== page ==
Damascus (AsiaNews/ Agencies) - The Syrian crisis is spilling over into Turkey where Kurdish rebels from the Kurdistan Workers' Party (PKK) attacked a security complex in the south-eastern part of the country, triggering fierce fighting that left about 30 people dead, including ten soldiers and 20 rebel fighters.
By deploying troops in Aleppo (100 km from the Turkish border) to fight the rebels, Assad has energised Kurdish rebels. In the past two months, they have taken over dozens of villages and attacked various checkpoints along the border with Turkish provinces. Clashes with the military have also occurred along the border with Iran.
Sirnak Provincial governor Vahdettin Ozkan said the militants had attacked the security complex at Beytussebap late on Sunday, killing nine members of the security forces.
In early August, 10 people were killed in a car bomb attack blamed on separatist Kurds in the south-eastern city of Gaziantep, about 100 km from Aleppo. The PKK also claimed responsibility for that attack as well.
According to Ankara, Damascus and Tehran forged an alliance with the PKK and its Iranian and Syrian branches in order to sow havoc in the region and limit the movements of the Turkish-backed Free Syrian Army (FSA).
According to Hussein Celia, deputy chairman of Turkey's ruling Justice and Development Party, the PKK is working hand in glove with Syrian intelligence.
For Assad, Turkey is an enemy and Kurdish separatists are his ally. The towns of Afrin, west of Aleppo, and Qamishli, in the east, are controlled by the PKK and its local branch, the Democratic Union Party (PYD). The PKK flag now flies alongside the Syrian flag from government buildings. Both are no-go areas for the FSA forces.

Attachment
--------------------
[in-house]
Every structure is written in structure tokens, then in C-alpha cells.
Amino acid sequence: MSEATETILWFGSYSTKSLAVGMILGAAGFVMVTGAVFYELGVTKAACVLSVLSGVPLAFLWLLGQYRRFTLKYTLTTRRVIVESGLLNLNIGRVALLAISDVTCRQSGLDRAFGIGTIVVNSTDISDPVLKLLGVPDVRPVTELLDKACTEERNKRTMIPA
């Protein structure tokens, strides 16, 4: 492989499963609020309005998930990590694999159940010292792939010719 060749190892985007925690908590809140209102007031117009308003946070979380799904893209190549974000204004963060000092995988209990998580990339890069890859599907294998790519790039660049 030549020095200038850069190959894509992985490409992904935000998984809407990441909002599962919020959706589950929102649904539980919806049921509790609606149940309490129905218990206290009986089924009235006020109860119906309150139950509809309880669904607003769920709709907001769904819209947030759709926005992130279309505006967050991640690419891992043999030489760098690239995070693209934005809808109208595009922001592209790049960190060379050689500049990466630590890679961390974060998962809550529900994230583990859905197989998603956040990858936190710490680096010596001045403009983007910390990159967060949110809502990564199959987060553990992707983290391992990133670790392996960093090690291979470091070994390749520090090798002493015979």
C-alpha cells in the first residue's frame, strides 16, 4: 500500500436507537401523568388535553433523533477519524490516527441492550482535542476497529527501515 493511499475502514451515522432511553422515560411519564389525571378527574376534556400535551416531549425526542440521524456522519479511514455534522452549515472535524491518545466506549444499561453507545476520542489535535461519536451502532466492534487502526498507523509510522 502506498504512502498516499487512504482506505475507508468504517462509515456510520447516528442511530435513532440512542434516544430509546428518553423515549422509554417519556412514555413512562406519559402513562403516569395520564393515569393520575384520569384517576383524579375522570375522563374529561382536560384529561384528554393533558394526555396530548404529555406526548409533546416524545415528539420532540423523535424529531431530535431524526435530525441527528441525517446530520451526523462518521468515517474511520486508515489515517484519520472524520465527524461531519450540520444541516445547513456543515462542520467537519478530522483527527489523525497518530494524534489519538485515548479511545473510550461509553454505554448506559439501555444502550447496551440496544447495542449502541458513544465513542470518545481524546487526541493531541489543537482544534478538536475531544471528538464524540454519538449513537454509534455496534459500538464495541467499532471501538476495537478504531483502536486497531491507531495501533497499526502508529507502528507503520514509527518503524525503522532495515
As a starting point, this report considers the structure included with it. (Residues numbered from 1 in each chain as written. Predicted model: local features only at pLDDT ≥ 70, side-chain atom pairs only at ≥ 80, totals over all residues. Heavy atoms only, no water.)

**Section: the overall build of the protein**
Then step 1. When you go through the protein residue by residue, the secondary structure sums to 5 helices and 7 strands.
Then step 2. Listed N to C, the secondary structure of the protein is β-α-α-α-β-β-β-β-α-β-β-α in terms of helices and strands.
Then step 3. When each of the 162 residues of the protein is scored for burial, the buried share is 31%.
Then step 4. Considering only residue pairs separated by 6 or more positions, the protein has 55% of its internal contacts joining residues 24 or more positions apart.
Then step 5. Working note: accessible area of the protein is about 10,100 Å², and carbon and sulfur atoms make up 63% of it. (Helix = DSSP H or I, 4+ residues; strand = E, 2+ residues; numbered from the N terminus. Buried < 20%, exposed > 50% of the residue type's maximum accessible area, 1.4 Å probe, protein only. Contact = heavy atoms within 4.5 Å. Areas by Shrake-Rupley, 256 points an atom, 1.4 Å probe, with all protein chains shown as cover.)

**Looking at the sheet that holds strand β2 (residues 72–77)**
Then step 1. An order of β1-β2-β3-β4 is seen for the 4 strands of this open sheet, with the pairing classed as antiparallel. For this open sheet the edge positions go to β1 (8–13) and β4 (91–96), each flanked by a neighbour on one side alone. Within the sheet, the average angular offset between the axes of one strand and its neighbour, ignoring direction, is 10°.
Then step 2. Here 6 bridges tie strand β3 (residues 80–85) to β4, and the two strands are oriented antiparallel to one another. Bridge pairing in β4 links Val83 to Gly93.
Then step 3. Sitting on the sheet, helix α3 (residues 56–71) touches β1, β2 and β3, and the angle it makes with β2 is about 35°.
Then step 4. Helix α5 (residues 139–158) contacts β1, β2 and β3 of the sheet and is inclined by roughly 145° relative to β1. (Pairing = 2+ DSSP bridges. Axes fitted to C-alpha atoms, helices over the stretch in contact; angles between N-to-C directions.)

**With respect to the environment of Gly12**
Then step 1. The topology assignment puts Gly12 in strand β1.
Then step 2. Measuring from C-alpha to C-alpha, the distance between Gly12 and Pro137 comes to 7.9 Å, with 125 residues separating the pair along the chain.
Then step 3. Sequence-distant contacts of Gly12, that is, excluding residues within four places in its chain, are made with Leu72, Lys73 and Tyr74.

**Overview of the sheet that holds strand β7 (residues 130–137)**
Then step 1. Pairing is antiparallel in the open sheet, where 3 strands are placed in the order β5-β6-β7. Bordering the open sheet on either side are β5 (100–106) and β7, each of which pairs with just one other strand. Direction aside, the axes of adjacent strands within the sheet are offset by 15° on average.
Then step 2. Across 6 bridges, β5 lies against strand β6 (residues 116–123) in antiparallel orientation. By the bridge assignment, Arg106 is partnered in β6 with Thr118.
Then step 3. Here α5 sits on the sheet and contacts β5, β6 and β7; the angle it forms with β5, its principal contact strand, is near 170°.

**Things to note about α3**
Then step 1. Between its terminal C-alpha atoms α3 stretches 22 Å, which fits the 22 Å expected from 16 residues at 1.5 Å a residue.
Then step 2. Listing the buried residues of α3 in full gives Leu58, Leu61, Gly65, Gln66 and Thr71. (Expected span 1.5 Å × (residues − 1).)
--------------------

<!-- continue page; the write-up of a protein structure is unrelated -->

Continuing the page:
In recent months, Turkish Prime Minister Recep Tayyip Erdogan has threatened military action against Assad if he continues to back the PKK offensive.
The Kurdish Workers' Party (PKK) is an underground armed political movement operating in the predominantly Kurdish areas of southeast Turkey. Since 2001, it has been listed as a terrorist group.
Inspired by Marxism-Leninism, it is also present in northern Iraq, Iran and Syria. In Turkey, it calls for the autonomy for the country's 14 million Kurds.
According to a Turkish parliamentary committee, the conflict between Turkish forces and PKK fighters has caused the death of 35-40,000 people, military and civilians, Turkish and Kurdish.
Last year, the PKK claimed responsibility for six attacks against barracks and military checkpoints. In response, Ankara has bombed various rebel sites, sometime across the border.
For the Turkish government, the United States and the European Union, the PKK is a terrorist organisation.